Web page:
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+The OMAP PM interface
+This document describes the temporary OMAP PM interface. Driver
+authors use these functions to communicate minimum latency or
+throughput constraints to the kernel power management code.
+Over time, the intention is to merge features from the OMAP PM
+interface into the Linux PM QoS code.
+Drivers need to express PM parameters which:
+- support the range of power management parameters present in the TI SRF;
+- separate the drivers from the underlying PM parameter
+ implementation, whether it is the TI SRF or Linux PM QoS or Linux
+ latency framework or something else;
+- specify PM parameters in terms of fundamental units, such as
+ latency and throughput, rather than units which are specific to OMAP
+ or to particular OMAP variants;
+- allow drivers which are shared with other architectures (e.g.,
+ DaVinci) to add these constraints in a way which won't affect non-OMAP
+ systems,
+- can be implemented immediately with minimal disruption of other
+ architectures.
+This document proposes the OMAP PM interface, including the following
+five power management functions for driver code:
+1. Set the maximum MPU wakeup latency:
+ (*pdata->set_max_mpu_wakeup_lat)(struct device *dev, unsigned long t)
+2. Set the maximum device wakeup latency:
+ (*pdata->set_max_dev_wakeup_lat)(struct device *dev, unsigned long t)
+3. Set the maximum system DMA transfer start latency (CORE pwrdm):
+ (*pdata->set_max_sdma_lat)(struct device *dev, long t)
+4. Set the minimum bus throughput needed by a device:
+ (*pdata->set_min_bus_tput)(struct device *dev, u8 agent_id, unsigned long r)
+5. Return the number of times the device has lost context
+ (*pdata->get_dev_context_loss_count)(struct device *dev)
+Further documentation for all OMAP PM interface functions can be
+found in arch/arm/plat-omap/include/mach/omap-pm.h.
+The OMAP PM layer is intended to be temporary
+The intention is that eventually the Linux PM QoS layer should support
+the range of power management features present in OMAP3. As this
+happens, existing drivers using the OMAP PM interface can be modified
+to use the Linux PM QoS code; and the OMAP PM interface can disappear.
+Driver usage of the OMAP PM functions
+As the 'pdata' in the above examples indicates, these functions are
+exposed to drivers through function pointers in driver .platform_data
+structures. The function pointers are initialized by the board-*.c
+files to point to the corresponding OMAP PM functions:
+.set_max_dev_wakeup_lat will point to
+omap_pm_set_max_dev_wakeup_lat(), etc. Other architectures which do
+not support these functions should leave these function pointers set
+to NULL. Drivers should use the following idiom:
+ if (pdata->set_max_dev_wakeup_lat)
+ (*pdata->set_max_dev_wakeup_lat)(dev, t);
+The most common usage of these functions will probably be to specify
+the maximum time from when an interrupt occurs, to when the device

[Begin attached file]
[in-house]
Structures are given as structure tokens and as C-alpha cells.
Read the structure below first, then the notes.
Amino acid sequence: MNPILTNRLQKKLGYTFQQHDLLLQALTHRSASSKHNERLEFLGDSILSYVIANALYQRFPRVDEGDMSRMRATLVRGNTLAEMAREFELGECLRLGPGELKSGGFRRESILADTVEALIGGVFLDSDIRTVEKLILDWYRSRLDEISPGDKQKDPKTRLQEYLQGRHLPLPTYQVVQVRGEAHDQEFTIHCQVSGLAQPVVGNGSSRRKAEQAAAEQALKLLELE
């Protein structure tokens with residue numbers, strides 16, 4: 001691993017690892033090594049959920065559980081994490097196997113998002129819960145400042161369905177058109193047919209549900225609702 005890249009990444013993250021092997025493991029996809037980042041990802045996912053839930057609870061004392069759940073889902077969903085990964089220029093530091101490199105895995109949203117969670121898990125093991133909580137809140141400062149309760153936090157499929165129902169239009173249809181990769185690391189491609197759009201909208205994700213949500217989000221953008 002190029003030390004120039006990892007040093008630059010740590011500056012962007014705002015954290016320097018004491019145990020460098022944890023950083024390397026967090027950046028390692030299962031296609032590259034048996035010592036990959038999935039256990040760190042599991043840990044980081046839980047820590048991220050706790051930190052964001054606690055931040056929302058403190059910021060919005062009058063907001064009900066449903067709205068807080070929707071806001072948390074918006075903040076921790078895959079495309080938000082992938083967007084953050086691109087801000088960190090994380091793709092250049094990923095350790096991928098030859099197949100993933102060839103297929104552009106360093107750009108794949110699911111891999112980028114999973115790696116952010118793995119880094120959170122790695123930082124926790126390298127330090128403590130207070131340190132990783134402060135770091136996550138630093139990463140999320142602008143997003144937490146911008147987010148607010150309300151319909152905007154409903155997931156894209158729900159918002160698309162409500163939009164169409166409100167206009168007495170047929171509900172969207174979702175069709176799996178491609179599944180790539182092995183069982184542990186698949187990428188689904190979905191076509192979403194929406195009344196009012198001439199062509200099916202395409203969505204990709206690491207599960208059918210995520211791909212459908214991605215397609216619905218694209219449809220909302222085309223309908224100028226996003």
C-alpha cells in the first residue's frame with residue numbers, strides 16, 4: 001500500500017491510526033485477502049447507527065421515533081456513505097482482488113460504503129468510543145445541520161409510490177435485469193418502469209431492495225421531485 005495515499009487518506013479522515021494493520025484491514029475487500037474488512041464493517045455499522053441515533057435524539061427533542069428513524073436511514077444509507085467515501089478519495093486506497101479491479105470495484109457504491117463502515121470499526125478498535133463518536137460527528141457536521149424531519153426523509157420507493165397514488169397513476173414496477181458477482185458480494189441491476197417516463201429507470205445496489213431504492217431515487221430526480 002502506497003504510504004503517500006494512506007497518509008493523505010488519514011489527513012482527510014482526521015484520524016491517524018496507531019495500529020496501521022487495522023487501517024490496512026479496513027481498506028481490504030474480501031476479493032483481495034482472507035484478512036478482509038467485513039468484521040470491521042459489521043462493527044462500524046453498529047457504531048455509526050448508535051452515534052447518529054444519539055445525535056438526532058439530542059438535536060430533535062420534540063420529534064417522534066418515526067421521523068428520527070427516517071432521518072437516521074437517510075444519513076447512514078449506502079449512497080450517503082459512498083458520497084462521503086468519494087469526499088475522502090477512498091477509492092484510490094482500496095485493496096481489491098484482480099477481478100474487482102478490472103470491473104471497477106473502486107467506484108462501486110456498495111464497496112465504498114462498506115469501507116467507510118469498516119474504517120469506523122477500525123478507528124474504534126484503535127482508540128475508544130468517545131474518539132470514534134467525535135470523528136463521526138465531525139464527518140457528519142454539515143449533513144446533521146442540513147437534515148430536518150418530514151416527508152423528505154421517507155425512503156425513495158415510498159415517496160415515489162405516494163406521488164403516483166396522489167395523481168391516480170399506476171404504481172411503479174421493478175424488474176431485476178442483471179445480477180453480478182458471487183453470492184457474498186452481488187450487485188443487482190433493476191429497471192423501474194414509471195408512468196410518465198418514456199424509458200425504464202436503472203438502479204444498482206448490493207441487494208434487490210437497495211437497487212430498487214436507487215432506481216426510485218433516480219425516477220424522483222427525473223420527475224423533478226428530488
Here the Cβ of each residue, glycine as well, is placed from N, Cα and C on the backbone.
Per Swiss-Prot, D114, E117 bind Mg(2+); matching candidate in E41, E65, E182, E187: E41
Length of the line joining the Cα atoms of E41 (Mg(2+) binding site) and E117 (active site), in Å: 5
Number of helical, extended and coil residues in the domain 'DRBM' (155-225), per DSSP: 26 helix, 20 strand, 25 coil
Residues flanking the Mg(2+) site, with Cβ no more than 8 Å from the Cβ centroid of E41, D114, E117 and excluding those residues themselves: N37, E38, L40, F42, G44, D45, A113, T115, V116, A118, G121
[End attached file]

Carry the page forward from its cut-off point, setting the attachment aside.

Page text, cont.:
+becomes accessible. To accomplish this, driver writers should use the
+set_max_mpu_wakeup_lat() function to to constrain the MPU wakeup
+latency, and the set_max_dev_wakeup_lat() function to constrain the
+device wakeup latency (from clk_enable() to accessibility). For
+ /* Limit MPU wakeup latency */
+ if (pdata->set_max_mpu_wakeup_lat)
+ (*pdata->set_max_mpu_wakeup_lat)(dev, tc);
+ /* Limit device powerdomain wakeup latency */
+ if (pdata->set_max_dev_wakeup_lat)
+ (*pdata->set_max_dev_wakeup_lat)(dev, td);
+ /* total wakeup latency in this example: (tc + td) */
+The PM parameters can be overwritten by calling the function again
+with the new value. The settings can be removed by calling the
+function with a t argument of -1 (except in the case of
+set_max_bus_tput(), which should be called with an r argument of 0).
+The fifth function above, omap_pm_get_dev_context_loss_count(),
+is intended as an optimization to allow drivers to determine whether the
+device has lost its internal context. If context has been lost, the
+driver must restore its internal context before proceeding.
+Other specialized interface functions
+The five functions listed above are intended to be usable by any
+device driver. DSPBridge and CPUFreq have a few special requirements.
+DSPBridge expresses target DSP performance levels in terms of OPP IDs.
+CPUFreq expresses target MPU performance levels in terms of MPU
+frequency. The OMAP PM interface contains functions for these
+specialized cases to convert that input information (OPPs/MPU
+frequency) into the form that the underlying power management
+implementation needs:
+6. (*pdata->dsp_get_opp_table)(void)
+7. (*pdata->dsp_set_min_opp)(u8 opp_id)
+8. (*pdata->dsp_get_opp)(void)
+9. (*pdata->cpu_get_freq_table)(void)
+10. (*pdata->cpu_set_freq)(unsigned long f)
+11. (*pdata->cpu_get_freq)(void)
+Customizing OPP for platform
+Defining CONFIG_PM should enable OPP layer for the silicon
+and the registration of OPP table should take place automatically.
+However, in special cases, the default OPP table may need to be
+tweaked, for e.g.:
+ * enable default OPPs which are disabled by default, but which
+ could be enabled on a platform
+ * Disable an unsupported OPP on the platform
+ * Define and add a custom opp table entry
+in these cases, the board file needs to do additional steps as follows:
+ #include "pm.h"
+ ....
+ static void __init omap_xyz_init_irq(void)
+ {
+ ....
+ /* Initialize the default table */
+ omapx_opp_init();
+ /* Do customization to the defaults */
+ ....
+ }
+NOTE: omapx_opp_init will be omap3_opp_init or as required
+based on the omap family.